A Year with the Saints – 13 September

Entry

There is another thing which greatly afflicts those who give themselves to prayer. It is the distractions which often come and carry their thoughts, and their hearts too, hither and thither. They come at times from the immortification of the senses; at times with the soul being distracted in itself, and often because the Lord wills it, to try His servants. Now in such cases we must recall our thoughts from time to time, by reviving our faith in the presence of God, and by remaining before Him with reverence and respect. If we do not succeed in fixing them on the prescribed point, we must bear those annoyances and vexations with humility and patience. It will not be lost time, as at first sight it may appear, but such a prayer will sometimes be more fruitful than many others made with recollection and pleasure. For all the actions performed to banish or to endure these distractions, as they are done in order not to displease God, and to become better qualified for His service, are so many acts of the love of God. Saint Teresa of Avila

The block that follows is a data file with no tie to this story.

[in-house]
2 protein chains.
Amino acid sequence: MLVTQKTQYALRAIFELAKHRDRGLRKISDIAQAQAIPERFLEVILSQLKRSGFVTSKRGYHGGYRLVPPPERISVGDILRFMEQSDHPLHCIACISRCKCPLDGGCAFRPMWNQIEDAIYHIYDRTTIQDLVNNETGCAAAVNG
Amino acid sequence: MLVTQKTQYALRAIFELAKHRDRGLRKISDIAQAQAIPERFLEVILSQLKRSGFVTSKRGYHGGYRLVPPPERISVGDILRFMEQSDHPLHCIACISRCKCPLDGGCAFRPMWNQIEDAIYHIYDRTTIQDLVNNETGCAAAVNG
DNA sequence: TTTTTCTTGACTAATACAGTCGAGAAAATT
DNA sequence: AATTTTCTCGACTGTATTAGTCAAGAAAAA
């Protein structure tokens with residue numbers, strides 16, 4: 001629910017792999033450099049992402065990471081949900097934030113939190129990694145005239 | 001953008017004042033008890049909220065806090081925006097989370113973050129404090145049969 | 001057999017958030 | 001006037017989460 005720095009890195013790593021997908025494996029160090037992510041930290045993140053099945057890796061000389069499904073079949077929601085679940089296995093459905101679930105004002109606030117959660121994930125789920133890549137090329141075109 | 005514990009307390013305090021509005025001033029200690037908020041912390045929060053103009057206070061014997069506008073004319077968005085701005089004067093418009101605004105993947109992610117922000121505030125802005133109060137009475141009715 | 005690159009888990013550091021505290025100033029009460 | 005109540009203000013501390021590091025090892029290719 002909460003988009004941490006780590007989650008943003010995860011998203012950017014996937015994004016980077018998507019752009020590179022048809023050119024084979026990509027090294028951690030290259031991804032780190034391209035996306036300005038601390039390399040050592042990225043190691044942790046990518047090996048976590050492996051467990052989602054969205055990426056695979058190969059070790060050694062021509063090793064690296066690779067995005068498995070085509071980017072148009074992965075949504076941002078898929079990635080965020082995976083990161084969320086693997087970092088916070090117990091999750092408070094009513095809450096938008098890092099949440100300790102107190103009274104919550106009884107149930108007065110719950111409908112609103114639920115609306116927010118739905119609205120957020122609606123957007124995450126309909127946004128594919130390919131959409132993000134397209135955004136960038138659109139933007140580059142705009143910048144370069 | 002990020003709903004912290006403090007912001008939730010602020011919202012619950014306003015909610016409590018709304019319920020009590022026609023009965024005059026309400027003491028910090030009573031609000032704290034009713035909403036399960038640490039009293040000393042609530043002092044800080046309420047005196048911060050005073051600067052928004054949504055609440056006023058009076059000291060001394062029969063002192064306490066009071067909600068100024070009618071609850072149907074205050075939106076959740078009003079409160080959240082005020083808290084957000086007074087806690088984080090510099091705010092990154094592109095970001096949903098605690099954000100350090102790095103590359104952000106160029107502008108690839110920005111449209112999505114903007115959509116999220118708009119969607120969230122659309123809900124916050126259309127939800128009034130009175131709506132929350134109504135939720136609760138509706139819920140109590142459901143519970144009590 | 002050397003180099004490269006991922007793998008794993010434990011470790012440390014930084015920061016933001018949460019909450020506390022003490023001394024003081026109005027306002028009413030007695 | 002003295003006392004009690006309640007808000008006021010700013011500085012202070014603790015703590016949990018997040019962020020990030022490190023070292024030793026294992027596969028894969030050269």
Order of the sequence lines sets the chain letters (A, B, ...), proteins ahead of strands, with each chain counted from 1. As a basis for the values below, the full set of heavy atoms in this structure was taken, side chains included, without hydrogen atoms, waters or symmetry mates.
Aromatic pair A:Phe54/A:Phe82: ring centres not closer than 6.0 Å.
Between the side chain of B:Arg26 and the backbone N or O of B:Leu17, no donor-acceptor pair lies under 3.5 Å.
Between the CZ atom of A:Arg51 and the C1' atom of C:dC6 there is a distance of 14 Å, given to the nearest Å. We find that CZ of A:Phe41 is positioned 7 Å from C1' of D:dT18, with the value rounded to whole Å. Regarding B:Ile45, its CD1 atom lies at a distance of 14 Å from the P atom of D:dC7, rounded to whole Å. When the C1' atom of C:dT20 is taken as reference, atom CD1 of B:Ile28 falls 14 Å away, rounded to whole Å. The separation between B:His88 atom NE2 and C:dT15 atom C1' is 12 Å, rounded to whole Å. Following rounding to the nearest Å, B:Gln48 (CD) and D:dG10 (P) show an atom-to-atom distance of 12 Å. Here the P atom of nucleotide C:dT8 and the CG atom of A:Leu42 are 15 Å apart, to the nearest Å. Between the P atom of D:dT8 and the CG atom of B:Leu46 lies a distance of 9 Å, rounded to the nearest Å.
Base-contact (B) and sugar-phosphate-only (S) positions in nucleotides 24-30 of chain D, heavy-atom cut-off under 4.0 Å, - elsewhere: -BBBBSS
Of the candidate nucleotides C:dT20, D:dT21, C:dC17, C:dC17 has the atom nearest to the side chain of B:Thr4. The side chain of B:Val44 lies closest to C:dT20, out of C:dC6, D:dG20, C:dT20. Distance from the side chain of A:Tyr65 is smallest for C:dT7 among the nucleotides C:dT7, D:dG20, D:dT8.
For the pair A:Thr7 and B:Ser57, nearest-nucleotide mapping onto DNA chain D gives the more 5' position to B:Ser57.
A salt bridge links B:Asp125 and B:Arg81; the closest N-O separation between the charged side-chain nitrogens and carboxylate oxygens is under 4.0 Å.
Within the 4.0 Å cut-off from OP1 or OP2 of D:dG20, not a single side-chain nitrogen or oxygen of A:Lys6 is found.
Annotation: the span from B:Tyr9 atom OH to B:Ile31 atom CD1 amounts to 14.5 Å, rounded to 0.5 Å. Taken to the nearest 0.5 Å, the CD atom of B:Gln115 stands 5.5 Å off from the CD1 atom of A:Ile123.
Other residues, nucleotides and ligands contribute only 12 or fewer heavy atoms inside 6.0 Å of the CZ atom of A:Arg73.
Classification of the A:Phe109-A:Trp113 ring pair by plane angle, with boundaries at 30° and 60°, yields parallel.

Saint Jane Frances de Chantal gave this advice to her daughters, which she surely also practiced herself. “When one is disturbed by distractions in the time of prayer, it is well to make the prayer of patience, and to say, if possible, humbly and lovingly: ‘O Lord, Thou art the sole support of my soul, and all my consolation!'”

Saint John Chrysostom advised one who was easily carried away by distractions to arouse himself by this comparison: “What! I stand talking with a friend about news, trifles, reports, and I am all attention; now that I am conversing with God about the pardon of my sins, and the way for me to be saved, I am all torpor! Though my knees are bent, my mind goes wandering through the house and through the streets! Where is my faith? where, my reason?”

Saint Aloysius Gonzaga possessed a gift of prayer that was no less worthy of wonder than of envy. We read of him that he reached such a point that he scarcely ever suffered from distractions. Once when he was giving an account of his interior, the spiritual Father asked him whether he suffered many distractions in prayer. He paused to think a moment, then answered that if he should put together all he had had for six months, he did not believe they would occupy as much time as one Ave Maria. A great gift, in truth! But the efforts he made to induce the Lord to grant it were not slight. By practicing continual mortification of all his senses; by never occupying his mind with any thoughts but such as might perfect him in piety and learning; by throwing himself at the time for prayer, wholly, with all his fervor, into it – thus he had so closed the way to distractions that they did not dare, so to speak, to approach him.

MLA Citation